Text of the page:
Ken Rosenthal of The Athletic reports that the MLB Players Association has filed a grievance on behalf of Carter Stewart, the Braves’ first-round selection (No. 8 overall) in the 2018 draft. The Braves did not sign Stewart in part because of a physical that gave them cause for concern. MLB set the slot value for No. 8 at $4,980,700 million. In order to qualify for draft pick compensation for failing to sign their first-rounder, the Braves would have had to have offered Stewart 40 percent of slot value, or a minimum of $1,992,280. According to the grievance, they did not.
Stewart now faces having to enroll at a junior college before reentering the draft in 2019. He and his agent Scott Boras seek instead for him to be made a free agent, which would be a more lucrative endeavor as he would be able to negotiate personally with any interested team rather than those who have the requisite bonus pool. Per Rosenthal, Stewart is believed to be a long shot to win his case. The case was heard before an arbitration panel in New York last Tuesday, Wednesday, and Thursday and will resume at a later date.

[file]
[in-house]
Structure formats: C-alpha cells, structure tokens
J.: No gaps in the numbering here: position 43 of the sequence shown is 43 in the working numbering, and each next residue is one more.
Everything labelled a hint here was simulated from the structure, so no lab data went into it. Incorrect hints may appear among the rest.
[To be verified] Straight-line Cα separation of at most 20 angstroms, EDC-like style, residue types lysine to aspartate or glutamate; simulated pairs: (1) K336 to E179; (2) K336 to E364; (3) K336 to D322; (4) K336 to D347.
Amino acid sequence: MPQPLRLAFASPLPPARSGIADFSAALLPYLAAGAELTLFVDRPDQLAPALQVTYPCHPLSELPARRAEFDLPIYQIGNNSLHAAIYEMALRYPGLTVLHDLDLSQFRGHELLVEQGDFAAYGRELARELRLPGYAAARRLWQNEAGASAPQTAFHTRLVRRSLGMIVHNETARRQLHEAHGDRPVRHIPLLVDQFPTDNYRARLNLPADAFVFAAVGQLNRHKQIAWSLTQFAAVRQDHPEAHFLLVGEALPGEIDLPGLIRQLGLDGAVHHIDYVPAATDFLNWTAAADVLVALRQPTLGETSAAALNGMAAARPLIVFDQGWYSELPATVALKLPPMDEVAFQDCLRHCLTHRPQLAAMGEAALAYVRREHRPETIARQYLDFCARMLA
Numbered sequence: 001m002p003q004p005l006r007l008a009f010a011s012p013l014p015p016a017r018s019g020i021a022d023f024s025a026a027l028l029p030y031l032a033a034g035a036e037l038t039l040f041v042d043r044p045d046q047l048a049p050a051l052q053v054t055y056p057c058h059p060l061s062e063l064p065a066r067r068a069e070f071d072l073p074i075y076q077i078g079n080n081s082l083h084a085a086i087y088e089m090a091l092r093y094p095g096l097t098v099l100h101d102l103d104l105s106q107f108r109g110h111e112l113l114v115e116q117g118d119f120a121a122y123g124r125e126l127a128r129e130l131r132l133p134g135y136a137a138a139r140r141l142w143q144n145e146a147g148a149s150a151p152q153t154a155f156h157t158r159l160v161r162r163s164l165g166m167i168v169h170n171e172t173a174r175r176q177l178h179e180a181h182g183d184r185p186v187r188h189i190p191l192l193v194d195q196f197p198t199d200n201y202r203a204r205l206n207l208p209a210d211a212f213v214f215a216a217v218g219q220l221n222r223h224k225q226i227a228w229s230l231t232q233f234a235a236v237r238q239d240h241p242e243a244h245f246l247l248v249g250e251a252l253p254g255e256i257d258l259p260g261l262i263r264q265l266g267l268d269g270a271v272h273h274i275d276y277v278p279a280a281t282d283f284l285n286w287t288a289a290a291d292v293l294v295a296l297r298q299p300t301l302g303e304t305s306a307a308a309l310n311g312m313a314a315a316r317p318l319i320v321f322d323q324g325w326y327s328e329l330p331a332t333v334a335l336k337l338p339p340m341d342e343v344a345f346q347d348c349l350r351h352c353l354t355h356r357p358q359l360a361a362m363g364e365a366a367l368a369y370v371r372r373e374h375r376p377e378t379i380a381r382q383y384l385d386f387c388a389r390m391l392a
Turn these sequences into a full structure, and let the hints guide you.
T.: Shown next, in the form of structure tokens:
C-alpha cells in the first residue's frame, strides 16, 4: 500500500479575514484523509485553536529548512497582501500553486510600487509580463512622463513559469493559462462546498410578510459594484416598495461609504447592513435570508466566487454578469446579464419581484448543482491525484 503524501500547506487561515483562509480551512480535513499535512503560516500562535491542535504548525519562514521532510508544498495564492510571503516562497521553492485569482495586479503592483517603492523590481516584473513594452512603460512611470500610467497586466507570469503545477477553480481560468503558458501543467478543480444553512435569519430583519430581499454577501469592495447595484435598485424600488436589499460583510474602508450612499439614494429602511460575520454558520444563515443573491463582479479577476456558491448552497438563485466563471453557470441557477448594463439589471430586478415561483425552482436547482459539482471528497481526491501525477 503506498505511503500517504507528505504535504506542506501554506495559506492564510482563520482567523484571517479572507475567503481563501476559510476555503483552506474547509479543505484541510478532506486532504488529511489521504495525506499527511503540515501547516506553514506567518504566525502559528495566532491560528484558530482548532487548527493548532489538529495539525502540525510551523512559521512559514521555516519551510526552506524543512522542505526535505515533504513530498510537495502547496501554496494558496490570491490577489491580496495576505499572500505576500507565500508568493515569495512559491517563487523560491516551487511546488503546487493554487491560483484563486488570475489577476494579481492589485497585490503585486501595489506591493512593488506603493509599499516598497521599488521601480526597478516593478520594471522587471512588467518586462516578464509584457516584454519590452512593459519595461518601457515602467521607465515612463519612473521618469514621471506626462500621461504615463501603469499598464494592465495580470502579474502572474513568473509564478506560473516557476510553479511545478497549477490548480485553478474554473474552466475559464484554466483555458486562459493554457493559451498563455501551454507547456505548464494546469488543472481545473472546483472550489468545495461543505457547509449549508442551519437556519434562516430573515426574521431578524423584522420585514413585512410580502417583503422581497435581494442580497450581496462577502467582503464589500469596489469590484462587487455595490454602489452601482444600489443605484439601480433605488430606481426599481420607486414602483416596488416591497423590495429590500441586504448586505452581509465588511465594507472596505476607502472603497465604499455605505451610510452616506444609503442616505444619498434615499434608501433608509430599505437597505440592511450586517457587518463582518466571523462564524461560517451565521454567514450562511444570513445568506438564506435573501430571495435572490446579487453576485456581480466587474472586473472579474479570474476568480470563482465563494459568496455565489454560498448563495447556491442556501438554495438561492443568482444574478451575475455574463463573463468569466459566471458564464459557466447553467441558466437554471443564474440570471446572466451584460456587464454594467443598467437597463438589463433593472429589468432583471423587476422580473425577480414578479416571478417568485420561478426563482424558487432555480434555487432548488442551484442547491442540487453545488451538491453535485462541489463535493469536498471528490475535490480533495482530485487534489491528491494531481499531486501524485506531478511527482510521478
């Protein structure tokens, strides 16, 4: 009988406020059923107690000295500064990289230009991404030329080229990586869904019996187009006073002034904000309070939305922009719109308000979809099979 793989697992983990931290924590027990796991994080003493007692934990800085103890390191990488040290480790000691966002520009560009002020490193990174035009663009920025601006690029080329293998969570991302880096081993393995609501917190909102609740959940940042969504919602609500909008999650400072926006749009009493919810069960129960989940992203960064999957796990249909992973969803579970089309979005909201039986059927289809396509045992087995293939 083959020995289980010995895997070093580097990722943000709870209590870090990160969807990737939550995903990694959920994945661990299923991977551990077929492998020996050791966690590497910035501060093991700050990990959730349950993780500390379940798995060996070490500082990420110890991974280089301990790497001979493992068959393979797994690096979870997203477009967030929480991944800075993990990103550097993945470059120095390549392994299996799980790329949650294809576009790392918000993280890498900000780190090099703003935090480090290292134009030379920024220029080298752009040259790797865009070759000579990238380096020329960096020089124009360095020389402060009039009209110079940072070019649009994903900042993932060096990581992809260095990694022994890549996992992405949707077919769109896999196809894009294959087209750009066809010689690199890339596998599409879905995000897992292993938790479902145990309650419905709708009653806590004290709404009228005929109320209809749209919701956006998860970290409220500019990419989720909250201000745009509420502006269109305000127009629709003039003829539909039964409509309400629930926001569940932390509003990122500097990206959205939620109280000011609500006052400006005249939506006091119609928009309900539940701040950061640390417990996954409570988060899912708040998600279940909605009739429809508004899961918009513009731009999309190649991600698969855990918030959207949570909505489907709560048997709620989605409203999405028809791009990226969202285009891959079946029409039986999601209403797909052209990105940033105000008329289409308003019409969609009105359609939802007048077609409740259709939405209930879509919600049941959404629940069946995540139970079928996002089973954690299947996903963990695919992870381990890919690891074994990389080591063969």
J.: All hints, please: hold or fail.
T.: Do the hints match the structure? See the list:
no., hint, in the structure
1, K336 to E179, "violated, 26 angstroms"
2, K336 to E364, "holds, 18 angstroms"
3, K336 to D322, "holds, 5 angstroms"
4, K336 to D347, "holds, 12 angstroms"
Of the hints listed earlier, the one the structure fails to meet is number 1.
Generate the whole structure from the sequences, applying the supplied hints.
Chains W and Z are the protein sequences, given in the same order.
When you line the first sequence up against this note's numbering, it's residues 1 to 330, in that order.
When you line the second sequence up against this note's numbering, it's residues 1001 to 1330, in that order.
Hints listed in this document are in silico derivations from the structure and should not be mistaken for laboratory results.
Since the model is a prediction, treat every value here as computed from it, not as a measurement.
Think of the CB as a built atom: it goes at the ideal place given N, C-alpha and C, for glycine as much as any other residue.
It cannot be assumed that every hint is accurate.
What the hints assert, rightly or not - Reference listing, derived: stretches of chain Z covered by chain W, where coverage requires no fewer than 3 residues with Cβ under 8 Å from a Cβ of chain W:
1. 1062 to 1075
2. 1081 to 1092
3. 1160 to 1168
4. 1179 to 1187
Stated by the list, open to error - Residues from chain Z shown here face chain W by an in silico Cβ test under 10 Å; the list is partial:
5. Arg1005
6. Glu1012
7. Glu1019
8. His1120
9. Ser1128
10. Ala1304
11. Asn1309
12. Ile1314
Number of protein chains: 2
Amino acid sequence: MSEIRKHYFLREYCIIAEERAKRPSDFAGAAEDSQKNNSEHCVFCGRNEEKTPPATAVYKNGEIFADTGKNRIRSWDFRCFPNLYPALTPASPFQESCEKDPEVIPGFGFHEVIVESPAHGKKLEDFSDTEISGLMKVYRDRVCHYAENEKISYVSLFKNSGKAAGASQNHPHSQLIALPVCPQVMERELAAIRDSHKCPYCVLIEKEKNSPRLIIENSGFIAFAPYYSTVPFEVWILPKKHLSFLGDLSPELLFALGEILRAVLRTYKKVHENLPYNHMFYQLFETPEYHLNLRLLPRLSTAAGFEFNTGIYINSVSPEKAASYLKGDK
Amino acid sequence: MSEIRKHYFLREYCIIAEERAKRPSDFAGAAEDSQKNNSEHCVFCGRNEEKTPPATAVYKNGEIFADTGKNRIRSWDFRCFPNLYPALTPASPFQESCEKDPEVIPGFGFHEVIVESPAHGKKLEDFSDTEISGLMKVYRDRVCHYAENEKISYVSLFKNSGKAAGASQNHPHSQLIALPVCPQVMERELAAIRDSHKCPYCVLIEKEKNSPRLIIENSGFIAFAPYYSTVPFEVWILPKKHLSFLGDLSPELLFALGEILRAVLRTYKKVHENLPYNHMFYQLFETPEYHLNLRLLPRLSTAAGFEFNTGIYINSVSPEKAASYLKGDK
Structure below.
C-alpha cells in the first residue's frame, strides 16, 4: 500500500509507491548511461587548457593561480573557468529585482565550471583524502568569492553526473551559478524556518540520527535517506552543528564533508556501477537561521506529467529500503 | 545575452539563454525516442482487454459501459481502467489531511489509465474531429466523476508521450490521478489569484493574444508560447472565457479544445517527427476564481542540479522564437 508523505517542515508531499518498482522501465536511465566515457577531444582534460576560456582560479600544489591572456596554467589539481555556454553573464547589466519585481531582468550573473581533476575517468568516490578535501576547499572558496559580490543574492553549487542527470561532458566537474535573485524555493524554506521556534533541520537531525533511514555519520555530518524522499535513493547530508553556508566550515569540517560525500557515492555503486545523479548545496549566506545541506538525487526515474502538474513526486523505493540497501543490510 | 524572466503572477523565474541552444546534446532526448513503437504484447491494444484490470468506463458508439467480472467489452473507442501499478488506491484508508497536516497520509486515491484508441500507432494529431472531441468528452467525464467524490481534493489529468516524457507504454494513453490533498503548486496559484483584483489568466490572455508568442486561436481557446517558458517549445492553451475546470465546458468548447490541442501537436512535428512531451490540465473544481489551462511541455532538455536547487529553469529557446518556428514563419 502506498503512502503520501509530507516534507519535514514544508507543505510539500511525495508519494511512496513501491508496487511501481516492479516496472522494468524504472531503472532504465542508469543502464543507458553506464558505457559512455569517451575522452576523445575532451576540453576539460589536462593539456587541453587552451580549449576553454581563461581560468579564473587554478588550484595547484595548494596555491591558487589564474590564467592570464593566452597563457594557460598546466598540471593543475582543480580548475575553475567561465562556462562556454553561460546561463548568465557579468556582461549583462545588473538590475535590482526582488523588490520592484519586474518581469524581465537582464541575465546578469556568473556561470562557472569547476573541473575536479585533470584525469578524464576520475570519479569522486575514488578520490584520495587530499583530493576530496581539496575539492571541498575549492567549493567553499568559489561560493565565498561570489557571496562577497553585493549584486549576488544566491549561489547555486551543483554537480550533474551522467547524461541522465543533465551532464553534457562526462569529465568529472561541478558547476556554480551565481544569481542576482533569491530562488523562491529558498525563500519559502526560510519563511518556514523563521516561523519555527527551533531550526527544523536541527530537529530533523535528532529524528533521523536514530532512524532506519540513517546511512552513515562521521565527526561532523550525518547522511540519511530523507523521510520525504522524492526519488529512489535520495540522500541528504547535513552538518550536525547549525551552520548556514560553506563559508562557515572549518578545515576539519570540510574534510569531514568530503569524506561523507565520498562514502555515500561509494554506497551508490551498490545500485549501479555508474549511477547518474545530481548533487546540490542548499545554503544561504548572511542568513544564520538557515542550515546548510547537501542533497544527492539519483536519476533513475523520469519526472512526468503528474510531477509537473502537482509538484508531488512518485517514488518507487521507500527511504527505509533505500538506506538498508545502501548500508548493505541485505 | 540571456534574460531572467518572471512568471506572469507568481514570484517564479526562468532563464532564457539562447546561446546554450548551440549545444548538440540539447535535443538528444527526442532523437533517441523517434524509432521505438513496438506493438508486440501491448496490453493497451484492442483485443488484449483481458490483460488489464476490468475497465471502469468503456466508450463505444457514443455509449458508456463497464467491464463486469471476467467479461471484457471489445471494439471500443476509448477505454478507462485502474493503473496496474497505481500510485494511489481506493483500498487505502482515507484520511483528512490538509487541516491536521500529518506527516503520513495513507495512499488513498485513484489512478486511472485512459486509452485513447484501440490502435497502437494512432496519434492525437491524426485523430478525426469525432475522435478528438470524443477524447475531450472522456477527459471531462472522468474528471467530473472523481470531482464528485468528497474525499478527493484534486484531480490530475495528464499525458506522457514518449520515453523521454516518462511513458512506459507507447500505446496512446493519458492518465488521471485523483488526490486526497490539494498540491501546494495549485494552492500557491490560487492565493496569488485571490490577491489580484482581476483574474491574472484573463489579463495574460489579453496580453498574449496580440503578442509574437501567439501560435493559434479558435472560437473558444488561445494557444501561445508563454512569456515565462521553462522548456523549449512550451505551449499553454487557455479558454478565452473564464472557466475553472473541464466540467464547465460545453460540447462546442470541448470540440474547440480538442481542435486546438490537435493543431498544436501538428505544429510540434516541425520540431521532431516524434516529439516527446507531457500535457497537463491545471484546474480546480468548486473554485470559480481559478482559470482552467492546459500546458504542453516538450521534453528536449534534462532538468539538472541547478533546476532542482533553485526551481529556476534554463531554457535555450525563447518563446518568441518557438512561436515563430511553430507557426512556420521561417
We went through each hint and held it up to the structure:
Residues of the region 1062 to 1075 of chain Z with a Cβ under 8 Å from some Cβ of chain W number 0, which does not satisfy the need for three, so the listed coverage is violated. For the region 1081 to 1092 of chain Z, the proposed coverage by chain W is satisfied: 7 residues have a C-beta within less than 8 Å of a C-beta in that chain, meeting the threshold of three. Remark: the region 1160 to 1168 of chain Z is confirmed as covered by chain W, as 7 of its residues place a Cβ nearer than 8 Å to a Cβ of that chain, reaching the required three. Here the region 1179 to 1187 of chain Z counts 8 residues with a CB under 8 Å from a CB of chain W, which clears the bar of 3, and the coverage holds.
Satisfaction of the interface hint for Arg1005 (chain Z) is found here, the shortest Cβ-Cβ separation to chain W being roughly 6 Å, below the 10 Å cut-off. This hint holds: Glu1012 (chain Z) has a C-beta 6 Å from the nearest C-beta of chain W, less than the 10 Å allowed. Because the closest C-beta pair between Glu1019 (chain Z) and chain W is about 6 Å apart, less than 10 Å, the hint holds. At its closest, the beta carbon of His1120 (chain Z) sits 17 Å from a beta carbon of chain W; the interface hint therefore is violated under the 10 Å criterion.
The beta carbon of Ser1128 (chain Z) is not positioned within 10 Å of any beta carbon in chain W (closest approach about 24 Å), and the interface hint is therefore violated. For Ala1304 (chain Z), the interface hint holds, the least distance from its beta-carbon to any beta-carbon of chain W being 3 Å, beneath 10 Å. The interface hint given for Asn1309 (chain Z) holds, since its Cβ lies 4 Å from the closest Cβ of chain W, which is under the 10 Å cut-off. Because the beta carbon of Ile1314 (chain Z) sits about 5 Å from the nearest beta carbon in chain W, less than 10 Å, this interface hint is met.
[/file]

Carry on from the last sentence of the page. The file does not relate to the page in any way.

Rosenthal also notes that the Stewart situation had a ripple effect on the Braves as they also failed to sign pitcher Zack Hess, selected in the 34th round. The Braves had planned to sign Stewart below slot and Hess above slot.